The Goldberg Variations” (with some slight modifications to the title) is a challenging harpsichord piece by Johann Sebastian Bach, a career-altering recording of that piece by pianist Glenn Gould, a ballet by Jerome Robbins, an “X-Files” episode and a novel by Andrew Grof.

Now, “The Goldberg Variations” has taken on another form, as Stuart Meltzer’s engaging and intricate play by that title gets its world premiere at Island City Stage in Wilton Manors. Meltzer, a Carbonell Award-winning director, is best known in South Florida as the founding artistic director of Miami’s Zoetic Stage. But he is also a gifted and skilled playwright, as his highly theatrical play about a dysfunctional if loving family demonstrates.

“The Goldberg Variations” features crisp, smart dialogue as well as lots of laughs and, by the end, a powerful emotional shift. A major part of Island City’s mission is to bring new LGBT-themed works to life, as it did with the award-winning “Daniel’s Husband” by Meltzer’s husband-to-be, Michael McKeever. Staged by Island City artistic director Andy Rogow, “The Goldberg Variations” is among the company’s finest productions to date.

Meltzer’s “Goldberg Variations” takes place in the Upper West Side Manhattan apartment occupied by Sam Goldberg (Peter Librach) and his formidable wife, Judy (Patti Gardner). As per family tradition, the Goldbergs’ grown children, Caleb (Ryan Didato) and Charlotte (Ilana Isaacson), along with Charlotte’s eager-to-please hubby, Theodore (John Manzelli), have gathered to celebrate the 86th birthday of Sam’s mother, Bessie. Just one peculiar wrinkle: Grandma has been dead for 21 years.

Caleb, a gay man who works tirelessly to keep his personal life a secret from his overly interested mother, does have a partner, a gorgeous Latino guy named Pablo (Alex Alvarez). To Caleb’s horror, Charlotte calls Pablo and invites him to the birthday dinner — and into the vortex of Goldberg family drama.

Structurally, Meltzer’s “Goldberg Variations” is inspired by Bach’s. Caleb directly addresses the audience in an opening “aria,” introducing the characters with short insights into their natures. Then, Caleb, like the man who created him, turns into a director. He has his family reenact interactions that have already taken place, instructing them to alter tone or words. To create variations. And near the end of the 90-minute play, the “aria” repeats.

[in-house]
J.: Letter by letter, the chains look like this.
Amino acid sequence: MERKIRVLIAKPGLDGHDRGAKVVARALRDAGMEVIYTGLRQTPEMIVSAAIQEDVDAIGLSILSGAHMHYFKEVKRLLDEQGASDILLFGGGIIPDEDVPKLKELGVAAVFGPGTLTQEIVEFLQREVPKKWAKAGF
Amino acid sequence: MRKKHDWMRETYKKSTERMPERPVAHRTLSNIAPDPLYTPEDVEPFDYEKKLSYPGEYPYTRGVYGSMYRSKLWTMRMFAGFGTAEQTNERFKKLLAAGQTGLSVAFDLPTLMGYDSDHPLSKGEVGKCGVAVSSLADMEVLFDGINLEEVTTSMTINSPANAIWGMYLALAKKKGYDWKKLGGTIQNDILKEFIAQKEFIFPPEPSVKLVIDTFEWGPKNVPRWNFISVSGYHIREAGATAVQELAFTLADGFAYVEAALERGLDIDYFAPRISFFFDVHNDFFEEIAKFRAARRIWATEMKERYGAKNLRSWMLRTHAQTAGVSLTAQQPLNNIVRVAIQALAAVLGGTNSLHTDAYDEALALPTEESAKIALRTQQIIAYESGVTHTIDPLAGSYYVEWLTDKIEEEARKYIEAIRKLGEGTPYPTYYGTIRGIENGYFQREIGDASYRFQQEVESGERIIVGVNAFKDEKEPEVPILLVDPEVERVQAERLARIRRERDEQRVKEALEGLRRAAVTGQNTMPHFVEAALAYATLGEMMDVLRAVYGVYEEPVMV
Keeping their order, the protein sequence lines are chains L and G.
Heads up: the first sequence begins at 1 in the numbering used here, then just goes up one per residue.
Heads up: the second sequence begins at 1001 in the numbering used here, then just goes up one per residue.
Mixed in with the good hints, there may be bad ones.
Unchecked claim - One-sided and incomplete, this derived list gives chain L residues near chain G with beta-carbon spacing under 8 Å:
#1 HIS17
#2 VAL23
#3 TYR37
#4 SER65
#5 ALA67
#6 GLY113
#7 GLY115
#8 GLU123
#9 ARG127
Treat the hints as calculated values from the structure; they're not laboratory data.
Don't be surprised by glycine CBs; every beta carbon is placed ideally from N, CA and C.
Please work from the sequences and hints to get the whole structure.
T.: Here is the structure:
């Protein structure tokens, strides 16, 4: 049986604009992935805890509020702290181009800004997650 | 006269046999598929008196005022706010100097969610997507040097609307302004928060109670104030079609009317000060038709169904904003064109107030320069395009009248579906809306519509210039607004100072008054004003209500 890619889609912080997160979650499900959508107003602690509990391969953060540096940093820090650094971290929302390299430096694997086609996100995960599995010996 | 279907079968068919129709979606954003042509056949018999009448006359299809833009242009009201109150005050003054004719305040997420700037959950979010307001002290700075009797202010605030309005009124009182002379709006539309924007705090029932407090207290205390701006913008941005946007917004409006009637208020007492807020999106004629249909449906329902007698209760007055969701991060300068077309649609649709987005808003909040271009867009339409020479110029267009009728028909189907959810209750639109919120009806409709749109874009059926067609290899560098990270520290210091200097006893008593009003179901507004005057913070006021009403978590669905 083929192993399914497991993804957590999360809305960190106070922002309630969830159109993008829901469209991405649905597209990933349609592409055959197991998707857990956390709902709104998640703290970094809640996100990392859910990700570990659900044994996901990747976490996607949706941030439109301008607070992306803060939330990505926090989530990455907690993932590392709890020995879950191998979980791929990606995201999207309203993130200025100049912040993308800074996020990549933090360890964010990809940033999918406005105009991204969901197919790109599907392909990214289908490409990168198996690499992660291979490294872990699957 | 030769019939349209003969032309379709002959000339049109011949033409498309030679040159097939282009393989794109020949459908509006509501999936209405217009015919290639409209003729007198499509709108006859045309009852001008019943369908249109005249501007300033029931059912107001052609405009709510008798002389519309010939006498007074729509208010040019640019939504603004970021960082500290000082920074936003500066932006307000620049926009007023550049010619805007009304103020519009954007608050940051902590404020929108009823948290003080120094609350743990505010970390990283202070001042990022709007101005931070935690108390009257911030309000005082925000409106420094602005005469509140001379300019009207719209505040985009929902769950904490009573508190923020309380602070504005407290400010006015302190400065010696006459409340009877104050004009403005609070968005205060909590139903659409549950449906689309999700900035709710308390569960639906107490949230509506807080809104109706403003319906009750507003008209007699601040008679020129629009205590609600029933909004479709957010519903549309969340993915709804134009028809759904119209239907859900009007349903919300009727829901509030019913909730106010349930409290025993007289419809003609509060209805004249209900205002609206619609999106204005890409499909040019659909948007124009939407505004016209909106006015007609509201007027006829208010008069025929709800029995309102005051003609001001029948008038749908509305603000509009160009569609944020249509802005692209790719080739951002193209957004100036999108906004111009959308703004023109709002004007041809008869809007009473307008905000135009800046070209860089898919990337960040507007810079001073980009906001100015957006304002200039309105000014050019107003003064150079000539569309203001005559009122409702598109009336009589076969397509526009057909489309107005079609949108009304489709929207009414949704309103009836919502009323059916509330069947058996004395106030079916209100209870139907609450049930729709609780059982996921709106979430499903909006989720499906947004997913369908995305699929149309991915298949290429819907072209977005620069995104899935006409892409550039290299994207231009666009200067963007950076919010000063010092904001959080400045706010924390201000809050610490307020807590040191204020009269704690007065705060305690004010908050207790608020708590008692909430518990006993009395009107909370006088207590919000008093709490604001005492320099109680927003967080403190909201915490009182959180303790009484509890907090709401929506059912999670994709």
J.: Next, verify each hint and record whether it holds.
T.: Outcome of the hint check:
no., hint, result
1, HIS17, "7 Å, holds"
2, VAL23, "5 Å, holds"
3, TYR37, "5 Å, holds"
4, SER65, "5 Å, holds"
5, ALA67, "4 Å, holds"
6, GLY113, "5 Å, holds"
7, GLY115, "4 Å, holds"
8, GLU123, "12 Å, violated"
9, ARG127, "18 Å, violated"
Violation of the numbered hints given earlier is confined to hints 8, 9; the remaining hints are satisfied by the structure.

Working with his stellar design team — Michael McClain (peerless when it comes to creating chic sets), costume designer Peter A. Lovello, lighting designer Ardean Landhuis and sound designer David Hart — Rogow has guided the cast to uniformly strong performances.

Embodying the playwright’s voice, Didato is compelling as narrator, participant and observer. A slight emotional remove in his family’s presence is self-protection, as Caleb’s journey towards joy has included plenty of pain.

Recent Carbonell winner Alvarez could play the dreamboat boyfriend without uttering a word — there is much talk, particularly by Charlotte’s straight husband, about how handsome Pablo is — yet the versatile actor dazzles as he conveys every ounce of the stereotype-busting satire in Meltzer’s script.

Isaacson, an improv veteran who works more often in film, TV and commercials, makes Charlotte a droll, neurotic woman straight out of a Woody Allen movie. Manzelli, whose Theodore tries (and spectacularly fails) to convince everyone that he’s not in the least bit prejudiced, has never been better. Meltzer’s lines and the actor’s magic create an eager-to-please character who is immensely likable despite his inability to avoid outrageous comments.

Librach’s Sam, who fusses with the wife he adores (as more than a few long-married folks do), insists on the ritual retelling of his mother’s story. It links Grandma Bessie, a concert pianist and piano teacher who escaped Nazi Germany as a girl, to Johann Gottlieb Goldberg, possibly the first musician to perform Bach’s work. Folklore? Maybe. But there’s nothing speculative about some shocking news Librach shares, followed by an equally shocking decision, and the actor handles that shift in tone with just the right mixture of power, vulnerability and determination.

Gardner, a Carbonell winner with impeccable timing, turns a woman who might have been a stereotypical Jewish mother into a matriarch with an iron will and a tender heart. Smotheringly supportive of Caleb (from his perspective), her Judy will do anything to make sure her children are happily settled before life shifts. As all too soon, it will.

Meltzer’s work as Zoetic’s artistic director and a teacher at Miami’s New World School of the Arts doesn’t leave him much time for writing, which is a shame. He has an intelligent and theatrically mature voice, and (like McKeever) the ability to take an audience on a journey that begins in laughter and ends in something deeper. For Island City and Meltzer, “The Goldberg Variations” provides more proof that South Florida is a place where significant new works can flourish.

“The Goldberg Variations” runs through July 16 at Island City Stage, 2034 N. Dixie Highway, in Wilton Manors. Showtimes are 8 p.m. Thursday-Saturday and 5 p.m. Sunday. Tickets cost $35. To order, call 954-519-2533 or go to

Christine Dolen, Correspondent

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